“So do you,” I reply, tapping the rim of my glass against hers. As I lift my drink to my lips, I indulge in a quick glance around the room. I have the attention of most everyone, male and female. There are murmurs of kind words regarding my appearance. Jak purports to the gathering how my attributes suggest Venus, the Roman goddess whose functions encompassed beauty, sex, love, and prosperity.
Jordan, however, is engaged in close conversation with the man in whom she’d shown interest, her jacket lying next to her on the sofa’s armrest, the uppermost buttons of her blouse undone.
I excuse myself and approach her. “I need to use the powder room,” I announce, standing by her feet, her eyes level with my belly button. Jordan rises and follows me to the bathroom without a word. When the door closes behind us, I ask if she has any lip gloss, feeling naked without it. “I can’t believe you,” she breathes, with a low whistle of admiration. “I wish I had half your confidence.”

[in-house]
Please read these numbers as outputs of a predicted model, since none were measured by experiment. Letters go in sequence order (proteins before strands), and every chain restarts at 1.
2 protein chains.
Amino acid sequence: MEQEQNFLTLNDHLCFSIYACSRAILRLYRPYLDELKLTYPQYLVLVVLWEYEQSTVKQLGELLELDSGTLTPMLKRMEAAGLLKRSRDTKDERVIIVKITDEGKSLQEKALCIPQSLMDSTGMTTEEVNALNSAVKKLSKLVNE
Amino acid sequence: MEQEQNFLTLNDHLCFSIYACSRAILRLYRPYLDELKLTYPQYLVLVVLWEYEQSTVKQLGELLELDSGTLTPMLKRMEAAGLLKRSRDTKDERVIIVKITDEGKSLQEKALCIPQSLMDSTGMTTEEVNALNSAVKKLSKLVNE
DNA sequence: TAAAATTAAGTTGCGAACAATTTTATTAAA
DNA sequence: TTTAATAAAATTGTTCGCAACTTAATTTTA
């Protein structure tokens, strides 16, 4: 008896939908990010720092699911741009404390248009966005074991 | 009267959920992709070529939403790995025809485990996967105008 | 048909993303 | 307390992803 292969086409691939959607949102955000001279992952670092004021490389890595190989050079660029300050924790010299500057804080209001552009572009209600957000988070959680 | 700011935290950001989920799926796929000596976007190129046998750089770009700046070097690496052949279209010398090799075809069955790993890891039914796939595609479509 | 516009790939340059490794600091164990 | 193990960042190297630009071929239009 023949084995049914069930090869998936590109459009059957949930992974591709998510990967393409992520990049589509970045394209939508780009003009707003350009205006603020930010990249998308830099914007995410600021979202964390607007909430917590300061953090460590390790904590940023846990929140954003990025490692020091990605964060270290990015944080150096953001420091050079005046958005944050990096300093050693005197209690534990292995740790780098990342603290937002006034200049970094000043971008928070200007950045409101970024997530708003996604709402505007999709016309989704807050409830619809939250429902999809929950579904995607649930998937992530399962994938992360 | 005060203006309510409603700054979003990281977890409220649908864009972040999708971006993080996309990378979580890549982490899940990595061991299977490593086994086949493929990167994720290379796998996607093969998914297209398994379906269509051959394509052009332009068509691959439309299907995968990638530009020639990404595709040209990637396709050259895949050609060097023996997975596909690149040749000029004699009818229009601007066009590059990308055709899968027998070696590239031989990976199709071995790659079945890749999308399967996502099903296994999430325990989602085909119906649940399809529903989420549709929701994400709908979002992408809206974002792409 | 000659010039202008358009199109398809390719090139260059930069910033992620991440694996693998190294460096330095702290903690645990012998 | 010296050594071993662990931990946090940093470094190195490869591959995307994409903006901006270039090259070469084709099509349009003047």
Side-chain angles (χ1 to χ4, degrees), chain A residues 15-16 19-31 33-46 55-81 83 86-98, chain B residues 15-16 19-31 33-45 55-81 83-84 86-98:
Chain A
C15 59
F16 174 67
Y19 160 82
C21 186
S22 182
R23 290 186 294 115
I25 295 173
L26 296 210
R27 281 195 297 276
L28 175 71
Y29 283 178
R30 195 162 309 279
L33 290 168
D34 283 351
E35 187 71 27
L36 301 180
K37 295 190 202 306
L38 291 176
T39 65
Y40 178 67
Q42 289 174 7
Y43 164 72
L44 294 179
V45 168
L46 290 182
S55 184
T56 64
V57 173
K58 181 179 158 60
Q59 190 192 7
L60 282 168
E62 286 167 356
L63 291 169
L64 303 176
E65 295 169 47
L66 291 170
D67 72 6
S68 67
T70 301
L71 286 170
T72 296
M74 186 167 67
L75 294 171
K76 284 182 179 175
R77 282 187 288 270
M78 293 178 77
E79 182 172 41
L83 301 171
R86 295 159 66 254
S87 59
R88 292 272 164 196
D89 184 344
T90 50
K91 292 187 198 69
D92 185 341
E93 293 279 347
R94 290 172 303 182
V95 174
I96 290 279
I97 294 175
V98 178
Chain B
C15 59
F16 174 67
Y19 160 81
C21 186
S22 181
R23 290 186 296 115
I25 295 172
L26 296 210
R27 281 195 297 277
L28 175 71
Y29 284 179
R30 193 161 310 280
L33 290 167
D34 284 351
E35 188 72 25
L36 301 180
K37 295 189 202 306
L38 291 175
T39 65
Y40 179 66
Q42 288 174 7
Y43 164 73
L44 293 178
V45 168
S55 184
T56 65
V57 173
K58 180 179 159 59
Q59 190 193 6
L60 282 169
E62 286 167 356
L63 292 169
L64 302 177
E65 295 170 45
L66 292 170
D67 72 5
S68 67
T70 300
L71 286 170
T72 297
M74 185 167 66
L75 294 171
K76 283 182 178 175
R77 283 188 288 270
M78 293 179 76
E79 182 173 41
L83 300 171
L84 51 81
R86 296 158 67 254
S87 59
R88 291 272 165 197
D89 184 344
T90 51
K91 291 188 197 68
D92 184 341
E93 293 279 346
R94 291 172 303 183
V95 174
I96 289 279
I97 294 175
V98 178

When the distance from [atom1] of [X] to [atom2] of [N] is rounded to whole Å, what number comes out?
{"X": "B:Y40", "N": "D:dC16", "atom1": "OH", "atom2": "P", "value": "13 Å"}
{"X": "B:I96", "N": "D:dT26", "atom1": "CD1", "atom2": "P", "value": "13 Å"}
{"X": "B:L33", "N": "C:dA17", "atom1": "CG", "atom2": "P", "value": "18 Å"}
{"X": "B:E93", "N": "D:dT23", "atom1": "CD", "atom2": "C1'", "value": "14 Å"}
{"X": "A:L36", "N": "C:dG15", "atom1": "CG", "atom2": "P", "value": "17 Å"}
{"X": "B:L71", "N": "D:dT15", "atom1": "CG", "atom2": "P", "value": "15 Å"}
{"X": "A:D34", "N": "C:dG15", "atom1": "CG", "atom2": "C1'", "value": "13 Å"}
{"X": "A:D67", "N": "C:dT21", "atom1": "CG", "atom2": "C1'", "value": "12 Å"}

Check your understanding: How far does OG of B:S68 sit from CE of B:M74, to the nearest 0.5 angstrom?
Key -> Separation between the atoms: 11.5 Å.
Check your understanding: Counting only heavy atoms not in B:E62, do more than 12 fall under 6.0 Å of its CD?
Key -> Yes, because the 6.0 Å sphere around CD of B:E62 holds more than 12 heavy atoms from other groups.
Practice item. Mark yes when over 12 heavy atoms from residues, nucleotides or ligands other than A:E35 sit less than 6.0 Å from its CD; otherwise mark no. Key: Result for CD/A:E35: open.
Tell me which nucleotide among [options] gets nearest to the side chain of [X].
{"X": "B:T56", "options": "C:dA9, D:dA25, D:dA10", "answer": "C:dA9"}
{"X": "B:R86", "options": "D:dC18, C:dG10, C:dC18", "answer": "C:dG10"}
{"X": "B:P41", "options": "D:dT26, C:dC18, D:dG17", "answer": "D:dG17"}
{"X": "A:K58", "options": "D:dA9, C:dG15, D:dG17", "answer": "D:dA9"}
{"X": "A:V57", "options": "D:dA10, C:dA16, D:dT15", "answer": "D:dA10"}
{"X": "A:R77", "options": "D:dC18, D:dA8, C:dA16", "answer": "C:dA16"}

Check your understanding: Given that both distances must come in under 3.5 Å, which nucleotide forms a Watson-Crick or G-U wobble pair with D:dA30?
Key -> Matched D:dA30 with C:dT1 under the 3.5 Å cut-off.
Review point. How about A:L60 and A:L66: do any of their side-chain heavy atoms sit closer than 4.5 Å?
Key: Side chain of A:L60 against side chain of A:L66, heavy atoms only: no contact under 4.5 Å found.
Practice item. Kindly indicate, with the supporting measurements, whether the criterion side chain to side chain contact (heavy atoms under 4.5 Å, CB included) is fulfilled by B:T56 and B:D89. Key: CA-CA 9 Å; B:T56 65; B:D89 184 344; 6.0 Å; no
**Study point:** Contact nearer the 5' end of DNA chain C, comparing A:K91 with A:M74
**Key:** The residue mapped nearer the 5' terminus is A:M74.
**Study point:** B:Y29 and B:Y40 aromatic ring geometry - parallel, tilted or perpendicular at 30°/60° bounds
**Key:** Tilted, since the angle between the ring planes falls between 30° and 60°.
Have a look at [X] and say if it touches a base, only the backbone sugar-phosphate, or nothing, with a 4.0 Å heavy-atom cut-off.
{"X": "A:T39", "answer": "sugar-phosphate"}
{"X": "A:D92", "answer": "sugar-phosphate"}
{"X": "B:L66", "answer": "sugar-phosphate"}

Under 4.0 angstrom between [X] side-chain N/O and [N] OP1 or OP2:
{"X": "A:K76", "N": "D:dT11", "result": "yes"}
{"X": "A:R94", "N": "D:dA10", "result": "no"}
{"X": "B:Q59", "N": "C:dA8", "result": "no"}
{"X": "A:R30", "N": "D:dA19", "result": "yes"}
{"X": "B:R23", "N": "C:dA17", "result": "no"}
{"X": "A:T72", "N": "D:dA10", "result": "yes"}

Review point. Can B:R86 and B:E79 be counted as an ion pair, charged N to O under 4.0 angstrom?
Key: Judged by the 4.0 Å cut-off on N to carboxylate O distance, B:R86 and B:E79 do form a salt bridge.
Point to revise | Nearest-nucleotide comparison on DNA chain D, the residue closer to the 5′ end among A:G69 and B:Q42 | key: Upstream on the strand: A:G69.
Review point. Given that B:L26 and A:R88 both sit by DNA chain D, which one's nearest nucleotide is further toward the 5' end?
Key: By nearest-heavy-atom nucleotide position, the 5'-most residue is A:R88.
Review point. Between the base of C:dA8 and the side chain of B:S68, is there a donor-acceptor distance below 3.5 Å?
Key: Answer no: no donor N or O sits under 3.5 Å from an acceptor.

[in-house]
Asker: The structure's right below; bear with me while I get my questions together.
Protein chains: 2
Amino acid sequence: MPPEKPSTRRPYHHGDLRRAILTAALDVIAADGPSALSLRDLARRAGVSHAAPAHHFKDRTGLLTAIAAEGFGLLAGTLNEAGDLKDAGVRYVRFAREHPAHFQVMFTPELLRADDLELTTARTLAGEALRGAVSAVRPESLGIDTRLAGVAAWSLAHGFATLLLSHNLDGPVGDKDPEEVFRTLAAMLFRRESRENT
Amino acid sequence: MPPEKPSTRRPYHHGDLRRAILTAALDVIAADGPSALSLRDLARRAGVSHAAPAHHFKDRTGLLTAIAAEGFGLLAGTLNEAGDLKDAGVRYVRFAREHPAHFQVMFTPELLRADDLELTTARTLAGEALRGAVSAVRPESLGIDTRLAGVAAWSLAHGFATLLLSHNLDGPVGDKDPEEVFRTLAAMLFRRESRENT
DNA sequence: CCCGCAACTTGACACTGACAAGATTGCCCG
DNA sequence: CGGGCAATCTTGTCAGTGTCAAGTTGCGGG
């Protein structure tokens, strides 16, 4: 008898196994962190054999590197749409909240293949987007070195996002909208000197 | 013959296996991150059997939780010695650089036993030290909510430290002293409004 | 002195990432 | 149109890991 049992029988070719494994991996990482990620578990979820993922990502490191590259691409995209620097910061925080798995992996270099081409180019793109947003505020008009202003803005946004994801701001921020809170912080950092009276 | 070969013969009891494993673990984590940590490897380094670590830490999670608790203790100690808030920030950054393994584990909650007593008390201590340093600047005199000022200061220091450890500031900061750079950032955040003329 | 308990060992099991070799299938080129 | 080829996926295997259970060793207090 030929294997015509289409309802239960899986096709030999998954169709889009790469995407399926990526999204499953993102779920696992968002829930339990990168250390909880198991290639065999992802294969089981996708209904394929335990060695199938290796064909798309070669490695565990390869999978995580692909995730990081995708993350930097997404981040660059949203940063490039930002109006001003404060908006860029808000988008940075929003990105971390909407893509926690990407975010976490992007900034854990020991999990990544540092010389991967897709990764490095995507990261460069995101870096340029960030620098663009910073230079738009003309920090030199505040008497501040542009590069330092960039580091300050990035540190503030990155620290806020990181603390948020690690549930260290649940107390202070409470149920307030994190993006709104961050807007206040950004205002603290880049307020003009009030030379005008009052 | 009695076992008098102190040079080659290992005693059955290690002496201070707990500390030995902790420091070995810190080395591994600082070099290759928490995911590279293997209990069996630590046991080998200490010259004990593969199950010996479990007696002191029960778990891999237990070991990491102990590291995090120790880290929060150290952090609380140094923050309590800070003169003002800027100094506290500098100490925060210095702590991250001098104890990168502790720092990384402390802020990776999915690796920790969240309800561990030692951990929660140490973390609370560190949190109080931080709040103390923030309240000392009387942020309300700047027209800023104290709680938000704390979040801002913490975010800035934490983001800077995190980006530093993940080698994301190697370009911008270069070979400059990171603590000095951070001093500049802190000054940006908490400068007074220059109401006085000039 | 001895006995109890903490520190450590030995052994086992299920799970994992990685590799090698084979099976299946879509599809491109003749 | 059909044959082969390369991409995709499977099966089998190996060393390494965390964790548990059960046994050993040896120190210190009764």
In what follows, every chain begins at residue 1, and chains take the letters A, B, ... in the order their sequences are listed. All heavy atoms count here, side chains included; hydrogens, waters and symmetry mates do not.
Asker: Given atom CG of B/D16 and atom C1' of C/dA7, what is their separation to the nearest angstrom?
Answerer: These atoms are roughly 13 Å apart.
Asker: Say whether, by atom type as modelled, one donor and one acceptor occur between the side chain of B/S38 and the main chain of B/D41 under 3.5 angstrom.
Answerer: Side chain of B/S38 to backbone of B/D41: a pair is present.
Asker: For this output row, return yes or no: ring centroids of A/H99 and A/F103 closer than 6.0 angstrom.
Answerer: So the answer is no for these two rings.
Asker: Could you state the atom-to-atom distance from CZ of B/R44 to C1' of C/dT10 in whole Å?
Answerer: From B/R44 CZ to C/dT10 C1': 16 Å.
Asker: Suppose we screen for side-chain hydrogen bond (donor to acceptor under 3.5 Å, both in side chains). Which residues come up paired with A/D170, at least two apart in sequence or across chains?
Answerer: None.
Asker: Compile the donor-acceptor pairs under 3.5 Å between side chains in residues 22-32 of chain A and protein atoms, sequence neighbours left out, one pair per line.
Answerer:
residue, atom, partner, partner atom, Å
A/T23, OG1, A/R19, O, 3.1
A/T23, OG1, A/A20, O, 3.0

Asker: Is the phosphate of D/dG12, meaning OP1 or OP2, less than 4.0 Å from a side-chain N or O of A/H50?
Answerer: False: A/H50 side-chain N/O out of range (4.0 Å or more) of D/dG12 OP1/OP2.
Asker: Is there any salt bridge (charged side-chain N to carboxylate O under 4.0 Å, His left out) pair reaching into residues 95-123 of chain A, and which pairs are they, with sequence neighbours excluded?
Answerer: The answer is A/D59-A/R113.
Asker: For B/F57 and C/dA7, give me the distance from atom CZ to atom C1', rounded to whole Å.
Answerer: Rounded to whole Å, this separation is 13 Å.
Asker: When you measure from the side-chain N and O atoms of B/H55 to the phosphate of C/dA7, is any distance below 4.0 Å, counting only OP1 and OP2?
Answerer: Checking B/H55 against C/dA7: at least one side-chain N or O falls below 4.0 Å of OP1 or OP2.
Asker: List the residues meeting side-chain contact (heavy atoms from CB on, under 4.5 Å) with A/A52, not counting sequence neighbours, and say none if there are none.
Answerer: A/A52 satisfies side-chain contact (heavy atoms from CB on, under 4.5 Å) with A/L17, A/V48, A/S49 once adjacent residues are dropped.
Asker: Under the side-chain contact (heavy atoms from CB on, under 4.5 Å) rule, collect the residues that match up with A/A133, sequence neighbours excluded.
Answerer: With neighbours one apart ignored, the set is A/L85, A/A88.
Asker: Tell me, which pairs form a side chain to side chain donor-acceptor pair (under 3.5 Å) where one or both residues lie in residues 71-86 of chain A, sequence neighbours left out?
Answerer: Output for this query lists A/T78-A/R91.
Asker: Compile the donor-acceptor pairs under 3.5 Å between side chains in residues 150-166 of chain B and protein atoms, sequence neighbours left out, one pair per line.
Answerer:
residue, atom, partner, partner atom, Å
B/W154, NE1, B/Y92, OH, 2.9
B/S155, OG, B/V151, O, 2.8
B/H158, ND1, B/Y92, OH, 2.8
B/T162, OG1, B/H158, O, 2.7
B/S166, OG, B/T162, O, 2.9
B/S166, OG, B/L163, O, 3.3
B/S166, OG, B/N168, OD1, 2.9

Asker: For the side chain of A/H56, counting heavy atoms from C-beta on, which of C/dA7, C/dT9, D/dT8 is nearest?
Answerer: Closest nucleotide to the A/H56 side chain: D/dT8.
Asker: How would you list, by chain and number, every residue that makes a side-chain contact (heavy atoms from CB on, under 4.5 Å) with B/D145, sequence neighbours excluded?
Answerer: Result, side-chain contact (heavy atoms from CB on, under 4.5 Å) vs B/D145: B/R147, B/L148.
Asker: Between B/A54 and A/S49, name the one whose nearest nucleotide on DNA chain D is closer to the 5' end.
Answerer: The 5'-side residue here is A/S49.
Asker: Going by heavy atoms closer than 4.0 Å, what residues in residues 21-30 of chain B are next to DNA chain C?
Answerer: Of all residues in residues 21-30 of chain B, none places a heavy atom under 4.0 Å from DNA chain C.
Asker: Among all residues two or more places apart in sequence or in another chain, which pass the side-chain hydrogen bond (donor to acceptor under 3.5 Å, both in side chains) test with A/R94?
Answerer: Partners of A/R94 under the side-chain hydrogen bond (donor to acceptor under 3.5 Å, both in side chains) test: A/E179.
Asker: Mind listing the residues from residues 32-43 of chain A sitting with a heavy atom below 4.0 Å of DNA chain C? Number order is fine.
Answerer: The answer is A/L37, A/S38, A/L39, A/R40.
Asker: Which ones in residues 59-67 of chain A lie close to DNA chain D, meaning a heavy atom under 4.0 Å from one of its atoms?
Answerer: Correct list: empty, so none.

“I don’t care what I look like. I feel so much more comfortable than I did fully clothed.” The instant I say I don’t care, I’m wracked with fear. I do care. What the hell am I doing?
“Be naked with me,” I plead with her.
“No way. Never.”
I nod my understanding, I’m not going to push her. Jordan refreshes her own lips then passes by me, squeezing my arm before slipping out the door. Prolonging my return to the party, I lather my hands with Jak’s rose-scented soap and take my time drying them in a towel.
Better that all these people keep their clothes on; otherwise we’d have ourselves a real democracy.